It is hardly surprising that legal aid is a target for government cuts alongside every other public service. This should not detract from the fact that we are witnessing a combined assault on the funding of access to justice which threatens the very existence of the rule of law. As well as legal aid cuts, the government has introduced a new costs regime which will reduce the opportunity for claims to be brought on the basis of “no win, no fee”, and local authorities are cutting the funding of legal and advice services.
The law centre movement began in the 1960s as a source of free legal advice and representation. While the bulk of legal services have continued to be provided by privately run solicitors’ offices and barristers’ chambers, there are now 54 law centres in Britain, mainly in the most deprived urban centres. Not only is their legal aid income being slashed; the local government funding on which many of them have relied is being reduced or even withdrawn altogether.
Recently, the Camden Law Centre closed its doors. Every staff member was issued with a redundancy notice and most have left. The management committee said the closure is temporary and the centre has now re-opened with a heavily reduced service and without its former experienced staff. For several weeks clients were left high and dry, without information about their cases and not knowing how to obtain it.
Camden Law Centre first opened its doors in 1973. At the time I was working in a solicitors’ firm in Gray’s Inn but I was also a Camden Labour councillor. Interest was growing in the development of law centres. I had myself been one of the members of the Society of Labour Lawyers who had written a Fabian pamphlet – “Justice for All” – in 1968. It argued for a national network of centres, one of which, in North Kensington, was soon established with charitable funds. Another was proposed in Paddington with local authority support.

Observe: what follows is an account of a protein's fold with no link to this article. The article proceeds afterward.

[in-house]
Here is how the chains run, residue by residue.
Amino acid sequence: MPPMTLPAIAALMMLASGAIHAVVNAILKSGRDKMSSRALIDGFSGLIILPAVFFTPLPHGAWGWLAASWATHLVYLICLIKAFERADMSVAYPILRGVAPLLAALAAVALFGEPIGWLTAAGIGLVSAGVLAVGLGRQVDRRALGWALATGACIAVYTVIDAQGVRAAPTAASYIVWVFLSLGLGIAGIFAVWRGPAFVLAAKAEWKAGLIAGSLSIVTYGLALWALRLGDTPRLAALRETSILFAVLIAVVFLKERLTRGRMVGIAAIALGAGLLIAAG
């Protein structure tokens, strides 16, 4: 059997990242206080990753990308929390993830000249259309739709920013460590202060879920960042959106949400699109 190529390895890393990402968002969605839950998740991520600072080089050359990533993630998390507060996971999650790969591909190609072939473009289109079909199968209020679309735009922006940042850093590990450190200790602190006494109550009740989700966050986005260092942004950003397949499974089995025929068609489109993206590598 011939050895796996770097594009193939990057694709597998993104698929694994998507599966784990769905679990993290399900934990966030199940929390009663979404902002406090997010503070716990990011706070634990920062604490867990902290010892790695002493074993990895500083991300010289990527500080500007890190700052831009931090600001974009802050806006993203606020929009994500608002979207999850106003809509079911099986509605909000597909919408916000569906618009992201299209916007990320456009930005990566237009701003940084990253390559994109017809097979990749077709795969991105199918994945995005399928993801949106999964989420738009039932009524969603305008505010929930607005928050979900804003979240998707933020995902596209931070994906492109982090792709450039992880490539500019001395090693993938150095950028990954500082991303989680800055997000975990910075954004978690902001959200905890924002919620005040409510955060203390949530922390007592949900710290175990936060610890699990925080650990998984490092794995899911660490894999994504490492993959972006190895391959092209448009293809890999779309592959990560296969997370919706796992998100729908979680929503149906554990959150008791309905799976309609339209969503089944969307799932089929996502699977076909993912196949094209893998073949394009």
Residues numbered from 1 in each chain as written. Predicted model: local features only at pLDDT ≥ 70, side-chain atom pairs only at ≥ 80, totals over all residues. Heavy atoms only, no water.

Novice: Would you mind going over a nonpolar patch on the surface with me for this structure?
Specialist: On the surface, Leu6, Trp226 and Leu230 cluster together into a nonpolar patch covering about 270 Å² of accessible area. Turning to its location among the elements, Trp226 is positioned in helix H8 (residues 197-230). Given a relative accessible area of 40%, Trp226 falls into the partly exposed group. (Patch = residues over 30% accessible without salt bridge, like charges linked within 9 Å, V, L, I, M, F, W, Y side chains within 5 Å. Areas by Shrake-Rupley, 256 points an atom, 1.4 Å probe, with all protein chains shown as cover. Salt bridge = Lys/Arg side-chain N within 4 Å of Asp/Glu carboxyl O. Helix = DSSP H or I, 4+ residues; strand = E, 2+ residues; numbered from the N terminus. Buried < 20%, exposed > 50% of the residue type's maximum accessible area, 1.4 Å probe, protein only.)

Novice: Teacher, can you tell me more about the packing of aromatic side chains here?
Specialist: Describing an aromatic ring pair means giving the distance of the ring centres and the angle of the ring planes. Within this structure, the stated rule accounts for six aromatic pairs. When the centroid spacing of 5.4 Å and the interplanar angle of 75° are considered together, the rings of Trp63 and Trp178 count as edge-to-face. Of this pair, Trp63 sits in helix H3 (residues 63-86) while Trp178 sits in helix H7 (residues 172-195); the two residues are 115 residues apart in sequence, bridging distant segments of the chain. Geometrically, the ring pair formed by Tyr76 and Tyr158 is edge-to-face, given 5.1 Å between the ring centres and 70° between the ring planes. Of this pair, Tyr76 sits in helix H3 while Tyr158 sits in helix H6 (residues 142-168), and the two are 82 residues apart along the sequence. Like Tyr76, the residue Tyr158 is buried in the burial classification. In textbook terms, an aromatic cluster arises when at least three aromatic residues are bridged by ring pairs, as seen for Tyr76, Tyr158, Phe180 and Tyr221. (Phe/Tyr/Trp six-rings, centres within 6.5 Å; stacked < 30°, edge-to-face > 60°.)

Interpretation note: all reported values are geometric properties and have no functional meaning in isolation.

A group of local residents campaigned for a centre in Camden. It included a young barrister, Stephen Sedley, later a Lord Justice of Appeal. My fellow councillors and I agreed to provide the funds to establish the Camden Community Law Centre and I was the first chairman of its management committee. We appointed Walter Merricks, a solicitor (later Chief Financial Ombudsman) as director. As the Camden New Journal recently reported, “the Law Centre has provided free legal advice, representation, and a drop-in service to local residents for 40 years.”
During this period the Council continued to give financial support, and provided premises in Kentish Town, close to where the most needy residents live. The centre has also received legal aid income and its staff over the years grew to about 20 – a mixture of solicitors and advice workers. In addition a number of others gave regular voluntary assistance.
While of course neither Camden Council nor the management committee of the Law Centre can be held responsible for the government’s drastic cuts in legal aid (more of which took effect on 1 April), the Council is responsible for withdrawing contracts to provide advice on housing, welfare rights and debt. The management committee failed to secure alternative funding and has been unable to engage its staff in a viable programme of re-organisation. Some of those so abruptly dismissed had worked loyally at the centre for decades, in at least one case for over 30 years.